Hindsight is always 20/20, but in the case of the Marriott Place hotel complex, foresight was just as clear.
The first hotel in the $450 million collection of four hotels opened Feb. 3. The Fairfield Inn & Suites was joined by
the Courtyard by Marriott and Springhill Suites Feb. 18. And the centerpiece of the development—the 1,005-room J.W.
Marriott—opens next February.
The city’s choice of the Marriott Place development over two other convention hotel proposals in 2006 was clearly a
five-star decision—for a couple of very important reasons.
For starters, the hotel complex—which is a key to growing the city’s convention and tourism sector—might
have gotten way behind schedule or stayed on the drawing board had the city not chosen Merrillville’s White Lodging
and locally based REI Investments to develop it.
City leaders couldn’t have known that the worst economic downturn since the Great Depression was right around the corner
and would grind most development to a halt, but they chose as if they had a crystal ball.
Dean White, the billionaire founder of White Lodging, and his son, White Lodging President Bruce White, put their considerable
financial might behind the project, money that would have been hard to come by otherwise as lenders abandoned commercial real
The benefit of selecting White Lodging didn’t stop with Marriott Place itself. The Indianapolis Convention & Visitors
Association announced at the end of January it’s getting $5.4 million from the Dean and Barbara White Family Foundation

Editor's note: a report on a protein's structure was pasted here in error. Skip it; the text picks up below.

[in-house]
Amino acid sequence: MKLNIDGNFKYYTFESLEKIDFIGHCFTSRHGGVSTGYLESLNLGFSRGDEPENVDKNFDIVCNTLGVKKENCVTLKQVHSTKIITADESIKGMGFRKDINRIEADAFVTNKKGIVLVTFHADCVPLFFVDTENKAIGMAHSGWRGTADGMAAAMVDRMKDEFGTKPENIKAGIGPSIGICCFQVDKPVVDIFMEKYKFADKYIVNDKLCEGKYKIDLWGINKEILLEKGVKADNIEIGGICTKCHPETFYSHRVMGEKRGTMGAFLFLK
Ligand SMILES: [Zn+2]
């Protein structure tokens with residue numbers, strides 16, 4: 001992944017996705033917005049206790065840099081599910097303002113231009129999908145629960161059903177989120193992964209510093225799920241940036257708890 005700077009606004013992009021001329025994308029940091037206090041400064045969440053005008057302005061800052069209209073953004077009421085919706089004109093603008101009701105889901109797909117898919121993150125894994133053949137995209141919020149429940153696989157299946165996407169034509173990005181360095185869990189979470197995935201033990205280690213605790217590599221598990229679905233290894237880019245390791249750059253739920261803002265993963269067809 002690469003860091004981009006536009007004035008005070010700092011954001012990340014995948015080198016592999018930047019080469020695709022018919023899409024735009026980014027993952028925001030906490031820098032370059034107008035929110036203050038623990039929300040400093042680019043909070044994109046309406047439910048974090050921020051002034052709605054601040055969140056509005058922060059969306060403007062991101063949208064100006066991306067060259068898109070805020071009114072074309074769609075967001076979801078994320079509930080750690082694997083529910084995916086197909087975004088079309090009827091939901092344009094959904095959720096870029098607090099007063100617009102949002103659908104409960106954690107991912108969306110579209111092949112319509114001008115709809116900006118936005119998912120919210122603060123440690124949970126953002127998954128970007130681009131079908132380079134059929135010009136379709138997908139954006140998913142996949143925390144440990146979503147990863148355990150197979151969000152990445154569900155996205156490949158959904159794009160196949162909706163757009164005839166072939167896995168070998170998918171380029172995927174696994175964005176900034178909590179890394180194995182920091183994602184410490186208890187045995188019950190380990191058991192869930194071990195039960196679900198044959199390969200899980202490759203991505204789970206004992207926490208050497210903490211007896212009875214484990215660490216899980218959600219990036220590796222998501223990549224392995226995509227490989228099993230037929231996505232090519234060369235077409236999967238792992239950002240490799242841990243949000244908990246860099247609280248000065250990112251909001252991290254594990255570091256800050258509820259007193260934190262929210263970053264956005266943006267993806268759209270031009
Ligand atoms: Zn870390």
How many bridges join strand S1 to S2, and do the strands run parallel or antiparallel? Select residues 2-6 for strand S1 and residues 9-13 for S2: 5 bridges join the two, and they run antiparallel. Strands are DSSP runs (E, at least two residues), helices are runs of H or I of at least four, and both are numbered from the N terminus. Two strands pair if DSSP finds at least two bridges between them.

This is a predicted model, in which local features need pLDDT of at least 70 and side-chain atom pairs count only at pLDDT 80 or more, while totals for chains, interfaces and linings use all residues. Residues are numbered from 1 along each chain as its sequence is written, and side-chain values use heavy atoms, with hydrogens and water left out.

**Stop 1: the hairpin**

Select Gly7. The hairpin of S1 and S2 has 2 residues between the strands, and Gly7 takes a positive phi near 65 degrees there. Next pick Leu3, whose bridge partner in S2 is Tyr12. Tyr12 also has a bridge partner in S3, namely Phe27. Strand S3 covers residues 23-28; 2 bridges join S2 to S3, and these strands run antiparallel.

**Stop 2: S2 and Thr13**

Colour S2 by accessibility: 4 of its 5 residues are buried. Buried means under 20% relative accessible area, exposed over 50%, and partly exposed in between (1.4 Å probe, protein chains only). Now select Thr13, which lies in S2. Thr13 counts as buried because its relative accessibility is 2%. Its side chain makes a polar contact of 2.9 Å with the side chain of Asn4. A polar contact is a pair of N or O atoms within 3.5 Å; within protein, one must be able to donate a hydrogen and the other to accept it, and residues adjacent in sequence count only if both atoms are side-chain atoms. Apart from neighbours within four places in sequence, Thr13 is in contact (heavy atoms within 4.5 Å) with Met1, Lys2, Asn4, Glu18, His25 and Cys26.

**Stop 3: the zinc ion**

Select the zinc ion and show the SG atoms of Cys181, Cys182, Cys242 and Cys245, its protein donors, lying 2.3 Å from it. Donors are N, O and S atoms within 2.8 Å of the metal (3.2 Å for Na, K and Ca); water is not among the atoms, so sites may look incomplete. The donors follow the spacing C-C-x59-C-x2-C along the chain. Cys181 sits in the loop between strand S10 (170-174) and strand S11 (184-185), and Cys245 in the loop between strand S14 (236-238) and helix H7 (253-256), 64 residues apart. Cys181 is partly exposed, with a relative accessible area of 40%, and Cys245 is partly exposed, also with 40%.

Inc. to promote the city’s tourism and convention business. The ICVA gets about $700,000 in private contributions in
a typical year.
The influx of cash couldn’t have come at a better time. Lucas Oil Stadium, Marriott Place, the new Indianapolis International
Airport terminal and a $275 million expansion of the convention center are supposed to work hand in hand to lure more and
bigger conventions to the city.
But the chances of the ICVA’s getting the additional marketing funds it needed to leverage the city’s new assets
appeared slim until the Whites stepped up. The Capital Improvement Board, which operates the stadium and convention center
and funds about 70 percent of ICVA’s budget, has been battling just to remain solvent.
Sure, White Lodging stands to benefit if Marriott Place is filled with paying customers lured here by the ICVA, but the family’s
generosity wasn’t a foregone conclusion.
The Indianapolis Colts, for example, contributed only in a roundabout way to the $625 million Lucas Oil Stadium by “forgiving”
a multimillion-dollar penalty the city was technically obligated to pay for breaking the team’s RCA Dome lease when
taxpayers ponied up for a new stadium.
The Colts, of course, have made their contribution by fielding an outstanding team.
But more miraculous, perhaps, than the Colts’ gaudy record over the last decade is a mammoth hotel complex rising from
the ground in the midst of an economic crisis.
The city’s decision to do business with White Lodging should pay off for years to come.•
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